Friday, November 9, 2012

Eddy Grant - Killer on the Rampage

Born in Guyana in 1948, Edmond Montague Grant moved to London with his family at a young age. He was lead guitarist for a group called the Equals in the late 1960’s, racking up his first number 1 song he had written with “Baby, Come Back”. The Clash recorded a version of his song “Police On My Back” for their 1980 album Sandinista!.

Eddy Grant started his solo career in 1975. In November of 1982, he released Killer on the Rampage, his sixth solo disk. It charted at number 9 in New Zealand, number 7 in the UK and number 10 on the US Billboard Hot 200. It featured a number of his most known hits, made popular thanks to music videos that ran often on MTV. Today we will look at this one on its thirtieth anniversary.

Side one takes us down to “Electric Avenue”. As the second single, it went to number 32 in New Zealand, number 9 in Germany, number 8 in the Netherlands, number 3 in Ireland and number 2 in the UK. Here in the US, it hit number 18 on the Billboard R&B charts, number 6 on the Dance charts and number 2 on the Billboard Hot 100. The lyrics refer to the 1981 riot on a Brixton market street in London. That opening riff with the drums, the synth and the guitar squeal get you right into the song.

The first single released was “I Don’t Wanna Dance”. It went to number 1 in the UK (spending three weeks at that spot), Ireland and New Zealand, and number 2 in the Netherlands. In the US, it stalled at number 53 on the Billboard Hot 100. This one is an up-tempo, reluctant break-up song.

“It’s All in You” continues along the same kind of beat as the previous track. It too is about a failing relationship, again pointing the blame squarely on the woman and her actions.

The third single “War Party” went to number 47 in Germany, number 42 in the UK and number 7 in Ireland. The political lyrics have an anti-war stance, particularly against the United States (though not explicitly named).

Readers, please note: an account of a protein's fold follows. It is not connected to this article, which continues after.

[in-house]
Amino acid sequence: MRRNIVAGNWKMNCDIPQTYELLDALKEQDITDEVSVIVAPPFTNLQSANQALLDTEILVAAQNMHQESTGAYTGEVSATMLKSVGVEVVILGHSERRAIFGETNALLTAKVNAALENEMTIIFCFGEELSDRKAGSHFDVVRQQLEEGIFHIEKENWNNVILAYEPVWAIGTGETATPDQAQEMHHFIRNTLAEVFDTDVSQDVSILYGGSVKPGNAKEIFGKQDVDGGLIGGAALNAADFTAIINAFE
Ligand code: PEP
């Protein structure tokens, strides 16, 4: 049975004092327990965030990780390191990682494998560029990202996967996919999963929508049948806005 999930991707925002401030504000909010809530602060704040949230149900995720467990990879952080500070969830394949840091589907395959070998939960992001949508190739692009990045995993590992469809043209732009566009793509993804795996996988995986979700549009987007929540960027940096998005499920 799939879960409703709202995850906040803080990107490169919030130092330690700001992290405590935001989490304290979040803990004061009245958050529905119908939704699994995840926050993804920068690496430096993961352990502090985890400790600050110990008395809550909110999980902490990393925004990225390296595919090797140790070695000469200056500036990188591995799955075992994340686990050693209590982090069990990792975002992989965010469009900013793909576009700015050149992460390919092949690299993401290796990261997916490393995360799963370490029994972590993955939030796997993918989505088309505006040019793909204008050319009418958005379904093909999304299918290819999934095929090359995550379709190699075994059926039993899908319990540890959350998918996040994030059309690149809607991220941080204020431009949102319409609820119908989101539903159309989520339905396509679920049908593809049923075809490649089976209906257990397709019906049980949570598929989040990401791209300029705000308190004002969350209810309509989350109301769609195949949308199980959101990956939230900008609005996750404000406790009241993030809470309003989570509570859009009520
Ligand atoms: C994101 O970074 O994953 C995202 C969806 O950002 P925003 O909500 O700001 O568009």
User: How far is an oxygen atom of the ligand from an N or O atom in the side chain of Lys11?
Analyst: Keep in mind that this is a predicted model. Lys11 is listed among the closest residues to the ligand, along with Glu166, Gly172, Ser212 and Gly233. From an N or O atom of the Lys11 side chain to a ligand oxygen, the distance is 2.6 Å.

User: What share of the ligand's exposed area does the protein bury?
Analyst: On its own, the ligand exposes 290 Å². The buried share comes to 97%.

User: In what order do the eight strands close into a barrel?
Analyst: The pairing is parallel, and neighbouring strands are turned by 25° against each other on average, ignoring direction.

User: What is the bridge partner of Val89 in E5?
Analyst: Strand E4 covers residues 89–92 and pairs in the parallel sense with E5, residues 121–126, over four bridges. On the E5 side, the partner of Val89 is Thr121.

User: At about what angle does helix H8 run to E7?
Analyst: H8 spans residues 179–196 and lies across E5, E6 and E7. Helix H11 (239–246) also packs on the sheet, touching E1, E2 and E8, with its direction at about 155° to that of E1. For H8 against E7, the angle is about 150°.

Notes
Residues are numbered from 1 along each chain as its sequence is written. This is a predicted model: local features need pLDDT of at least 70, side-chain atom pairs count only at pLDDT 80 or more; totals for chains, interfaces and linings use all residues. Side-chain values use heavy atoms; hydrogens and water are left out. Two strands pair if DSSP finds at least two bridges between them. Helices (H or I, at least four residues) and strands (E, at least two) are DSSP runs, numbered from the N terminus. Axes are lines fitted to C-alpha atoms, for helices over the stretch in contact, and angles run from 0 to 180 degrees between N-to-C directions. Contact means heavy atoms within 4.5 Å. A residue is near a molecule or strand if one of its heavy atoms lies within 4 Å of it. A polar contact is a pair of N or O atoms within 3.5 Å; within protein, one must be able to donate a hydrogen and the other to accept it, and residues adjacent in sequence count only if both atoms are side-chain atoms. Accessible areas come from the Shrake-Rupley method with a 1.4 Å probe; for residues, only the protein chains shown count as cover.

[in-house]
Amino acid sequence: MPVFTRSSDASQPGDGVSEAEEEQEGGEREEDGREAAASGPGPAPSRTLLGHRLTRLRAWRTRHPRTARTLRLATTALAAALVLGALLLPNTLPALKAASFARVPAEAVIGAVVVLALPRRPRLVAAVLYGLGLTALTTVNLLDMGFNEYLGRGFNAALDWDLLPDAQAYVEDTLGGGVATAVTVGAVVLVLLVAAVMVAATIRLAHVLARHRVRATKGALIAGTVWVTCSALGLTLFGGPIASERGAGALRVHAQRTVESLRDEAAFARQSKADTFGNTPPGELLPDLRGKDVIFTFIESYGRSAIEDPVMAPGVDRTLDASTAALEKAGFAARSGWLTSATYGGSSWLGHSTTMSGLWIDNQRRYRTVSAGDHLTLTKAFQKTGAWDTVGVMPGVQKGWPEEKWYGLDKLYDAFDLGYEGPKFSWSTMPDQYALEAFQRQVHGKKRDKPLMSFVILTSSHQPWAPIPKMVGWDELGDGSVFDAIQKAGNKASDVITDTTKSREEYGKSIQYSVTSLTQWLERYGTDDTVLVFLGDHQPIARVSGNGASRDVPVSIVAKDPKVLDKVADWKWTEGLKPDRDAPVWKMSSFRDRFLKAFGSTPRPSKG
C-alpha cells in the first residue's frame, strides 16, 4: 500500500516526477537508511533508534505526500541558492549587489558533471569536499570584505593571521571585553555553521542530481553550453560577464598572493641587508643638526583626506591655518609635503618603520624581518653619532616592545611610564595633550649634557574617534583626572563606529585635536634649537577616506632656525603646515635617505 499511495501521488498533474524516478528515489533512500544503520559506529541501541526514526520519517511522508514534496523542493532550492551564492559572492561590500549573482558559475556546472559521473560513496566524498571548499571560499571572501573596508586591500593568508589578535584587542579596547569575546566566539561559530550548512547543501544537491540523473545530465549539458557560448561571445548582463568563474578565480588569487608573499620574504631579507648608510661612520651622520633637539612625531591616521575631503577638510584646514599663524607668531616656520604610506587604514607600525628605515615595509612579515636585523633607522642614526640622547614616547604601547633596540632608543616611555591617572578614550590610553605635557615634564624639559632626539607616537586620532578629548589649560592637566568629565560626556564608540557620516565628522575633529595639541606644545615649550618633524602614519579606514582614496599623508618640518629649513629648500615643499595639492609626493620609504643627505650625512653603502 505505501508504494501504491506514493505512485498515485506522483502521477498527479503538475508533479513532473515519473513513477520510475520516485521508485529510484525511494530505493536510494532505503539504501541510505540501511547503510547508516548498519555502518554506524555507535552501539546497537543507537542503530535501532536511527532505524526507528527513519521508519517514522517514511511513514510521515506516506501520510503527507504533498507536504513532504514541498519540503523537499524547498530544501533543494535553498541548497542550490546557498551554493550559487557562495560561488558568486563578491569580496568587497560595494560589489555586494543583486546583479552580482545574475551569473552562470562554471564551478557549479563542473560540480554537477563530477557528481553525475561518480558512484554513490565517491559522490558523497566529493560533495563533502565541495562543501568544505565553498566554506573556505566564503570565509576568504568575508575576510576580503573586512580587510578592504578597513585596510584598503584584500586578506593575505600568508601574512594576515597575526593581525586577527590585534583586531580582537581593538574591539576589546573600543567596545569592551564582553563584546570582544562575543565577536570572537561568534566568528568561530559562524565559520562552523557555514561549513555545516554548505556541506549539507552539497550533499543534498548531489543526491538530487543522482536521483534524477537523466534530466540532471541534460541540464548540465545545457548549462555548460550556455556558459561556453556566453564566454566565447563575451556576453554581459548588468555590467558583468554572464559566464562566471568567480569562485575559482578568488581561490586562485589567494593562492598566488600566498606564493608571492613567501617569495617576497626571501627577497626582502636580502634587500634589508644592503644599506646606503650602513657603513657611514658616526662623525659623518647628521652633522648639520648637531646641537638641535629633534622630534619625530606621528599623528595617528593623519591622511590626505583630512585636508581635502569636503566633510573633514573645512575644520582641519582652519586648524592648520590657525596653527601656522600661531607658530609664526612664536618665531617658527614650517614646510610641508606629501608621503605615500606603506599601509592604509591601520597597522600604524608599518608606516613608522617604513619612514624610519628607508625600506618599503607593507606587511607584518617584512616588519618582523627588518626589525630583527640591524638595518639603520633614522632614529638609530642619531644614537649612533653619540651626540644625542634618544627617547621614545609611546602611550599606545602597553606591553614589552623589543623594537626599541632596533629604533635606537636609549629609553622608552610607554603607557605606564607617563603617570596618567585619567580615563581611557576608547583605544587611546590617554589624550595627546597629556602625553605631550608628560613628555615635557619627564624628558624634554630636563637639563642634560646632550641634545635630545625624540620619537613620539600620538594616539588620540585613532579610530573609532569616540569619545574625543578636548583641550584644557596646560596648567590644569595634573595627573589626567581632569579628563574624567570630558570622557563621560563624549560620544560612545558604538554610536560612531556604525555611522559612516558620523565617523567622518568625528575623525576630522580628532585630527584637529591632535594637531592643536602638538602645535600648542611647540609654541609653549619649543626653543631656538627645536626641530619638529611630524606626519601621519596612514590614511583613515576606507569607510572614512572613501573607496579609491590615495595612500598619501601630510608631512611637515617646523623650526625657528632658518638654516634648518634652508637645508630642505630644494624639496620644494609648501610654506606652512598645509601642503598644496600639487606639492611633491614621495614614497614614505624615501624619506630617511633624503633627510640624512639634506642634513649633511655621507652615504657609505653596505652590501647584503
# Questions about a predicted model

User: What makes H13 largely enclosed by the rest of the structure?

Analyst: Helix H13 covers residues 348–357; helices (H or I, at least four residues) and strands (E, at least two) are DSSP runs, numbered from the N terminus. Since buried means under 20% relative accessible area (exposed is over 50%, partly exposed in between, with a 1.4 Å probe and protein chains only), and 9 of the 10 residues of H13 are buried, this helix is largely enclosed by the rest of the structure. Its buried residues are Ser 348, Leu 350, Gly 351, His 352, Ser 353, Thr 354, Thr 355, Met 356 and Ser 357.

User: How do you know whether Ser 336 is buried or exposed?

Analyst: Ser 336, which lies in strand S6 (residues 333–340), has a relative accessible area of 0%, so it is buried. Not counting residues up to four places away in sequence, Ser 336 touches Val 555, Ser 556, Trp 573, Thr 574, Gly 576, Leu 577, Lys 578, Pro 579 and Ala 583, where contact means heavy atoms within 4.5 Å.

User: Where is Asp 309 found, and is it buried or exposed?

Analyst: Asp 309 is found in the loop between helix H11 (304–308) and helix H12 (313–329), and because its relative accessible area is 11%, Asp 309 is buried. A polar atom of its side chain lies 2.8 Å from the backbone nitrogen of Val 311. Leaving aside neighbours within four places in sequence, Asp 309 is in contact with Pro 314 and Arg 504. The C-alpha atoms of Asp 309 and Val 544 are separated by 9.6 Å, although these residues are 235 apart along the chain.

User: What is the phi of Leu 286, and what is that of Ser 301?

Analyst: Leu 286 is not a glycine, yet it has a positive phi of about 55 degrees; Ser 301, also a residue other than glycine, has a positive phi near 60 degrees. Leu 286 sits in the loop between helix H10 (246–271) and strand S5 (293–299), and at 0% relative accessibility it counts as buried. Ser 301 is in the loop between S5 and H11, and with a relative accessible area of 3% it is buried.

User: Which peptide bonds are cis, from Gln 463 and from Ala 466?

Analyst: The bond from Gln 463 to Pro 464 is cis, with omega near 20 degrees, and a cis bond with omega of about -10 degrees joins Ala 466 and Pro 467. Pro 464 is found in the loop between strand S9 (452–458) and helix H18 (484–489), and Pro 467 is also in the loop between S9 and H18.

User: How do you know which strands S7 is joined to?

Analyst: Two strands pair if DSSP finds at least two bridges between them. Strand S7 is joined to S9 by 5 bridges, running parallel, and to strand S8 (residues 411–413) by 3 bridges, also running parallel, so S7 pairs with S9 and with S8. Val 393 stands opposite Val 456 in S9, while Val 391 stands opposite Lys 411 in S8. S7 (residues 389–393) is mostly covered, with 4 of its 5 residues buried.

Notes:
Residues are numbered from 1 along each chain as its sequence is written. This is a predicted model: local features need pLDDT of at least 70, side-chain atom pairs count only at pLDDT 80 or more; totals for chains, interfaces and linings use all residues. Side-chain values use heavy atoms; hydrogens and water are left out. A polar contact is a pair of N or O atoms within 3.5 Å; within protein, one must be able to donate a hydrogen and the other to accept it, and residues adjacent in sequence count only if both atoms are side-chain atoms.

“Funky Rock ‘n’ Roll” has a solid dance beat and a funky bass riff to get you out of your seat.

Side two begins with “Too Young to Fall”, a bouncy number with sage advice to a youth about what she might perceive as love. Consider it an island-version of “Go Away Little Girl”.

As the title implies, “Latin Love Affair” goes south-of-the-border for its swinging rhythm.

The tempo slows down for “Another Revolutionary”, a tale of a questionable freedom-fighter. It is interesting how Grant harmonizes with himself on this one. Besides writing and producing the album, he also played all the instruments and did all the vocals.

“Drop Baby Drop” keeps the tempo low-key for this relatively tame song about getting down to loving.

The title track closes out the album. “Killer on the Rampage” too got some exposure to the MTV audiences and I recall hearing it a bit on the local college radio stations as well.

This album was the first exposure to Eddy Grant I had about back in the early 80’s. Killer on the Rampage was a fair introduction to the reggae sound as Grant’s deep vocals fit well with that synth/percussion sound. I also think his physical appearance, tall and commanding, helped quite a bit too to garner an audience. The whole package, music and charisma, really sold me on the songs.

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